Tap on and choose 'Add to Home Screen' to create a shortcut app

Tap on and choose 'Add to Home Screen/Install App' to create a shortcut app

Follow-up After Treatment of Intramedullary Spinal Cord Tumors in Children

This page was last updated on April 8th, 2024

Frequency of Office Visits

30% of IMSCTs will progress within 5 years of surgery if an 80% resection is accomplished (10).  The progression rate will be higher with a smaller resection.   Therefore, scheduled follow-up is important.

  • Benign, every year: Most IMSCTs in children are benign.  Consequently, a yearly visit is usually sufficient. The family should be educated about signs of tumor progression, however, so that timely scanning can be done if there is a suspicion of recurrence.
  • Malignant, neuro-oncology follow-up: For the few who are diagnosed as having a malignant tumor, a more frequent follow-up schedule is indicated.  Frequently, adjuvant therapy is indicated, necessitating the participation of other specialties.  These services may see the patient weekly or more often, and surgical follow-up can be coordinated with them.

Frequency of Imaging

  • Baseline MRI: A follow-up MRI with and without gadolinium around 3 months postoperatively gives an estimation of the postoperative state of the tumor. While the immediate postoperative scan is useful for identifying an inadequate resection, it is not an accurate scan to use to follow a patient for evidence of treatment failure. At that point there has been too little time for the establishment of an equilibrium between the residual tumor and surround normal parenchyma.  Additionally, there is too much postoperative artifact.  For these reasons it is wise to delay obtaining the initially “baseline” scan until approximately 3 months postoperatively.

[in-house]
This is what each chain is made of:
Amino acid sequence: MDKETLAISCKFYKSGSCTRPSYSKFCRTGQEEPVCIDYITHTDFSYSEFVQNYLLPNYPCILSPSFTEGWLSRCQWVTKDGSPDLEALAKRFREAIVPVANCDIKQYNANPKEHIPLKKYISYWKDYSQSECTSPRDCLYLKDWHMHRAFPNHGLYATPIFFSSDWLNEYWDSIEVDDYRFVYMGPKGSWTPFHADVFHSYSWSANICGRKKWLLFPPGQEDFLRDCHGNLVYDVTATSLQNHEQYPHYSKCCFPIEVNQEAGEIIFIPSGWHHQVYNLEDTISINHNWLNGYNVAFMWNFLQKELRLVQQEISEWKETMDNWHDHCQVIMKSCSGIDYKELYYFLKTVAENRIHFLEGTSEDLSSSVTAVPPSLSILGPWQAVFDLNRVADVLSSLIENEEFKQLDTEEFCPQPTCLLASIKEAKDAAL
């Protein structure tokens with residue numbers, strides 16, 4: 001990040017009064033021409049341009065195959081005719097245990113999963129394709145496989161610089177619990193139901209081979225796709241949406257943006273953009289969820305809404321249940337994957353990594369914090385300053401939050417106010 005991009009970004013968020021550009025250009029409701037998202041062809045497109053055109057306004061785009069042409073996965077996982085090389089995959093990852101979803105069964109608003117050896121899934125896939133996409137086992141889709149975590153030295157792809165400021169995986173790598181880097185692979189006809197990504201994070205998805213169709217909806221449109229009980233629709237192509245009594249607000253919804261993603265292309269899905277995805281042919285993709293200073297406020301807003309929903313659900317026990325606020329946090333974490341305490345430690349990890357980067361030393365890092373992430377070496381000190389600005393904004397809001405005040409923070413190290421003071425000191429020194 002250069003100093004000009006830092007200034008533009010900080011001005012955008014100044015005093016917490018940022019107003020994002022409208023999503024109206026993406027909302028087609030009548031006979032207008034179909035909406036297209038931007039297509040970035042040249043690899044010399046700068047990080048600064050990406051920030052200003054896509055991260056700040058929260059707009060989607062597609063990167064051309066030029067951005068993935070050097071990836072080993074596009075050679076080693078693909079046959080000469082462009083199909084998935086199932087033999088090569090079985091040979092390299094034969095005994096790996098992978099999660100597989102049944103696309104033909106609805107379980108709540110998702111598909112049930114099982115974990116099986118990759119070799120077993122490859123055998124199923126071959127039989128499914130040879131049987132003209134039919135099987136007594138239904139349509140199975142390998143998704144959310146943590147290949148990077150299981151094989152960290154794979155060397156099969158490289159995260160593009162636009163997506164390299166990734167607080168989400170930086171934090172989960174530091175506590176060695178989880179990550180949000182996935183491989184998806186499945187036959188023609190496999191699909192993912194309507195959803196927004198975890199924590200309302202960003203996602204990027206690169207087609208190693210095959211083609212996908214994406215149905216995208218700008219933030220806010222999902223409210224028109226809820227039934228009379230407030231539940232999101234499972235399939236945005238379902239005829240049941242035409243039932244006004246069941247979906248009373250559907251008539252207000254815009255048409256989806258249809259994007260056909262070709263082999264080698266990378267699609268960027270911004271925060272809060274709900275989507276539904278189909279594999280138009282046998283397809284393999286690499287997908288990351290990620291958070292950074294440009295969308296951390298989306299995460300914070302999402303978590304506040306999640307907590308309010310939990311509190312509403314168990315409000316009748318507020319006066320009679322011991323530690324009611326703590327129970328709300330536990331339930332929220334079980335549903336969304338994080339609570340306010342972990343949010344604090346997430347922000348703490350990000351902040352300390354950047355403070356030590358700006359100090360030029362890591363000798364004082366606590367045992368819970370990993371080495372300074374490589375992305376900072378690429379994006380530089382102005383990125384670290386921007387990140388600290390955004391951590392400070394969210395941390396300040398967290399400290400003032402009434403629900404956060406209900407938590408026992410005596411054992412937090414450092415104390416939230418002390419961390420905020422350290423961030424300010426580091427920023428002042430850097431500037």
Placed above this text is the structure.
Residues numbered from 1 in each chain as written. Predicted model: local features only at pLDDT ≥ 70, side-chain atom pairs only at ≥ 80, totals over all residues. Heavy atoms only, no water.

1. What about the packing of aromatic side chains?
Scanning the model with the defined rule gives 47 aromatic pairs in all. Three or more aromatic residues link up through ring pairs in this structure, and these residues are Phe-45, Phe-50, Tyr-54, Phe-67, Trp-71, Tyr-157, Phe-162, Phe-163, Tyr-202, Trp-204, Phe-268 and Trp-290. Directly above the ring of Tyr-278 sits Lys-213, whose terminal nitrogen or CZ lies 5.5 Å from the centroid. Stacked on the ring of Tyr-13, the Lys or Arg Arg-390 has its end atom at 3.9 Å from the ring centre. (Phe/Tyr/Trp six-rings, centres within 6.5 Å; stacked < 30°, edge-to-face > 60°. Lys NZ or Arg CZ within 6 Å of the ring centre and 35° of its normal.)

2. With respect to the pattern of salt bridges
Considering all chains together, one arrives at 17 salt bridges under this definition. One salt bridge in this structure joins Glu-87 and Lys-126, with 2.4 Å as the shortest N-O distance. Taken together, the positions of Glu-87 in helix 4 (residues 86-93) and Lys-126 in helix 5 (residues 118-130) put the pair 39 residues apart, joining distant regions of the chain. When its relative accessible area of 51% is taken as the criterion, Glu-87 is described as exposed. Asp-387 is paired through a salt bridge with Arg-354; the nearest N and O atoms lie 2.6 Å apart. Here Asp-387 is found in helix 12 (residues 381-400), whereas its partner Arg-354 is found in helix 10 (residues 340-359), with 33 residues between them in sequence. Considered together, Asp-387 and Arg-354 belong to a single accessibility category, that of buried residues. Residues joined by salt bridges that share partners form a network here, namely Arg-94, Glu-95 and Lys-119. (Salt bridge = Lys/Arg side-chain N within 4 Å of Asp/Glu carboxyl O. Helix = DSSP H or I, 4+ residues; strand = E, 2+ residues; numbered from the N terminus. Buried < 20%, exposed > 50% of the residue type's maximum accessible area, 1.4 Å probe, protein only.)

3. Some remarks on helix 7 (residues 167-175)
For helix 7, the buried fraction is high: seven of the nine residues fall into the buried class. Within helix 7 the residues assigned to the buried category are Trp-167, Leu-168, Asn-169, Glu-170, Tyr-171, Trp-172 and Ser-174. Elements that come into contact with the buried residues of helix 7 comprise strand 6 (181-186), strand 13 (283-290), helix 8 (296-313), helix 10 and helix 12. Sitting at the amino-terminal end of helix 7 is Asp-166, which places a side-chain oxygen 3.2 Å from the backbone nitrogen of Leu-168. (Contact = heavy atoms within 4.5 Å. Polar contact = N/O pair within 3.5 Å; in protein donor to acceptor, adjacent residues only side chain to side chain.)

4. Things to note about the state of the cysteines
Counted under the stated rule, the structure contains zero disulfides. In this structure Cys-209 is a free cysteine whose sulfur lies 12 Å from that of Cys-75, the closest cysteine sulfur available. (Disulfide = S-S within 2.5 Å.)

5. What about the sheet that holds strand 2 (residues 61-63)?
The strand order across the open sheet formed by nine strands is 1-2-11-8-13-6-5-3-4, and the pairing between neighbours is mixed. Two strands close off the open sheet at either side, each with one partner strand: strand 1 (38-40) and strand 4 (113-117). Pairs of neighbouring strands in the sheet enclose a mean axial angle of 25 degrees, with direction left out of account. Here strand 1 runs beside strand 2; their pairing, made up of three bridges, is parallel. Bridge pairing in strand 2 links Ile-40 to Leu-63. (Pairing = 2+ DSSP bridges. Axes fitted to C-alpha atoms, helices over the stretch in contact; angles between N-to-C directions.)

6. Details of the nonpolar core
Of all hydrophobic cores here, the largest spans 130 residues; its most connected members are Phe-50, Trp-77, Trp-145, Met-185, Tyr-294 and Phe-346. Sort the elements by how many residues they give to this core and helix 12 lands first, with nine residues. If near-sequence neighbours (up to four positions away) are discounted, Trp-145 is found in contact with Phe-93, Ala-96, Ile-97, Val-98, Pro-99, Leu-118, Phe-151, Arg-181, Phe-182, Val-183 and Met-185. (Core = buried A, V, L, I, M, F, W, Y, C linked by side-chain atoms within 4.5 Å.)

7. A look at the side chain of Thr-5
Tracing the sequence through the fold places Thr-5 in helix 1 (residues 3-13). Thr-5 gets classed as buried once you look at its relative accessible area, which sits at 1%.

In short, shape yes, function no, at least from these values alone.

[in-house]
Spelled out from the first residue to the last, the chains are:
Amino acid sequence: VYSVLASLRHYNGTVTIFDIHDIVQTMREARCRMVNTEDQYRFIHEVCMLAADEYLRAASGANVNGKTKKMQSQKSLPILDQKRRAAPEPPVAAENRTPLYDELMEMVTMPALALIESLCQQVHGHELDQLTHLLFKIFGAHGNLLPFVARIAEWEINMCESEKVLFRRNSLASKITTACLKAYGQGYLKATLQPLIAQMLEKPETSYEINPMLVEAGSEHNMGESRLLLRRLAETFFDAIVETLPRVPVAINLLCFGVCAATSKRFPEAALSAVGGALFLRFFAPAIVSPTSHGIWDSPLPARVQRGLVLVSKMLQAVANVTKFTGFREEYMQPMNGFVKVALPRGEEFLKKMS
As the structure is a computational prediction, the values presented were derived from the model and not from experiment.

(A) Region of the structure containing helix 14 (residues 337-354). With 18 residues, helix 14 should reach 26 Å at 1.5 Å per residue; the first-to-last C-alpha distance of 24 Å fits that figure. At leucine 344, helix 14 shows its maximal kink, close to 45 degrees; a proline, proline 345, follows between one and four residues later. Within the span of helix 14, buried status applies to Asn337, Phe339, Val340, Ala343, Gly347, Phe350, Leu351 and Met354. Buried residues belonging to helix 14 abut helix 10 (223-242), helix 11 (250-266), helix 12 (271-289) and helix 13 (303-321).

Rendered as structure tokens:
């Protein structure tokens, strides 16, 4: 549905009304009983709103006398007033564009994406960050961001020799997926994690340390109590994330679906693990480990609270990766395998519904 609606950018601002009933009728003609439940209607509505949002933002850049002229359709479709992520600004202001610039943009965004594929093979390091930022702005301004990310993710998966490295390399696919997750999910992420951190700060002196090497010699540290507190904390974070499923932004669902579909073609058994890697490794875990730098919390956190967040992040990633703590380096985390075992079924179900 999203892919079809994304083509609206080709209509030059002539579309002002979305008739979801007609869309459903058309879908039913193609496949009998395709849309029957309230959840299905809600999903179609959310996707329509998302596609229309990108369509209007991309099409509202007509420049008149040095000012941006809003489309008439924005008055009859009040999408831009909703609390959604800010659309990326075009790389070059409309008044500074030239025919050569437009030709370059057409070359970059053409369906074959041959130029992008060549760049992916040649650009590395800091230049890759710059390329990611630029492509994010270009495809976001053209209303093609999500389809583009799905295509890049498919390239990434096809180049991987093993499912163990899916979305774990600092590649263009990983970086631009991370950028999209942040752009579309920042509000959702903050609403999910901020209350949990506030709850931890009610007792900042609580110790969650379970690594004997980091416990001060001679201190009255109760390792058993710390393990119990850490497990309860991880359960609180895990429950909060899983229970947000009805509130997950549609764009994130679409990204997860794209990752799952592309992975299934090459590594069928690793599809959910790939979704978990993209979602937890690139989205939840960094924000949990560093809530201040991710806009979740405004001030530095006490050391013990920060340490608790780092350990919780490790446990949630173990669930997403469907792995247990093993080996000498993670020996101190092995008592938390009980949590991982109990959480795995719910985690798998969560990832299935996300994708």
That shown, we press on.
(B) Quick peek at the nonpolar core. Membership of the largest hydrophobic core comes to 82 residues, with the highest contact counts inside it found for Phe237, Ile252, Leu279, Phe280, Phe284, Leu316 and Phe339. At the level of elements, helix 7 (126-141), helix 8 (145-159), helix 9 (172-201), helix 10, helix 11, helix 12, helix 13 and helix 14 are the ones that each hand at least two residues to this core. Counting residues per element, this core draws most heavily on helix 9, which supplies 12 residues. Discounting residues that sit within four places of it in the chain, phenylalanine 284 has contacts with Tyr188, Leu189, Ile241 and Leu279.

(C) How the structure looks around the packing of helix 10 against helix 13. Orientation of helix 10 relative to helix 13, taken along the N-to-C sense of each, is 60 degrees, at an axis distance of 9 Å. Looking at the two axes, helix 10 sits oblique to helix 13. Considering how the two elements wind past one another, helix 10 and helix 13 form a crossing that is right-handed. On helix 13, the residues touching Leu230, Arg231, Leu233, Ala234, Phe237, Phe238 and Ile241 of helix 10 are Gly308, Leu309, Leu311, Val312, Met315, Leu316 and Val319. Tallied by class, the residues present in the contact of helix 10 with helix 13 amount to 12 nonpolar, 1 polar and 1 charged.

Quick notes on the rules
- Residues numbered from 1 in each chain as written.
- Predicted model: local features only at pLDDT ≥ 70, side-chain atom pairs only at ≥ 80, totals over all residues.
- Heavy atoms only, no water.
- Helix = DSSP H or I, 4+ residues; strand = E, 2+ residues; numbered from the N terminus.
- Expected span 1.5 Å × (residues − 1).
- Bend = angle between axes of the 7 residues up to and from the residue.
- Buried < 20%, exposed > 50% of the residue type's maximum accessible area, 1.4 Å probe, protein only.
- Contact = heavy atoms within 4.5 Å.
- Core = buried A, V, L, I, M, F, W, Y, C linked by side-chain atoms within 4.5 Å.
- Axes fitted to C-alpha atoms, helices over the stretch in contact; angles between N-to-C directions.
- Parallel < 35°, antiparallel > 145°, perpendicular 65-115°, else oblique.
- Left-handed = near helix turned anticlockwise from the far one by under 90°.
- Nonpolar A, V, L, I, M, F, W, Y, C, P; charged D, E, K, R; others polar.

• Subsequent MRI: Timing of the subsequent scans should be based on the tumor’s histology and biology, the amount of tumor left, and the patient’s condition. Typically, scans will be done every 6 months for several years and then yearly unless the tumor’s biology is aggressive.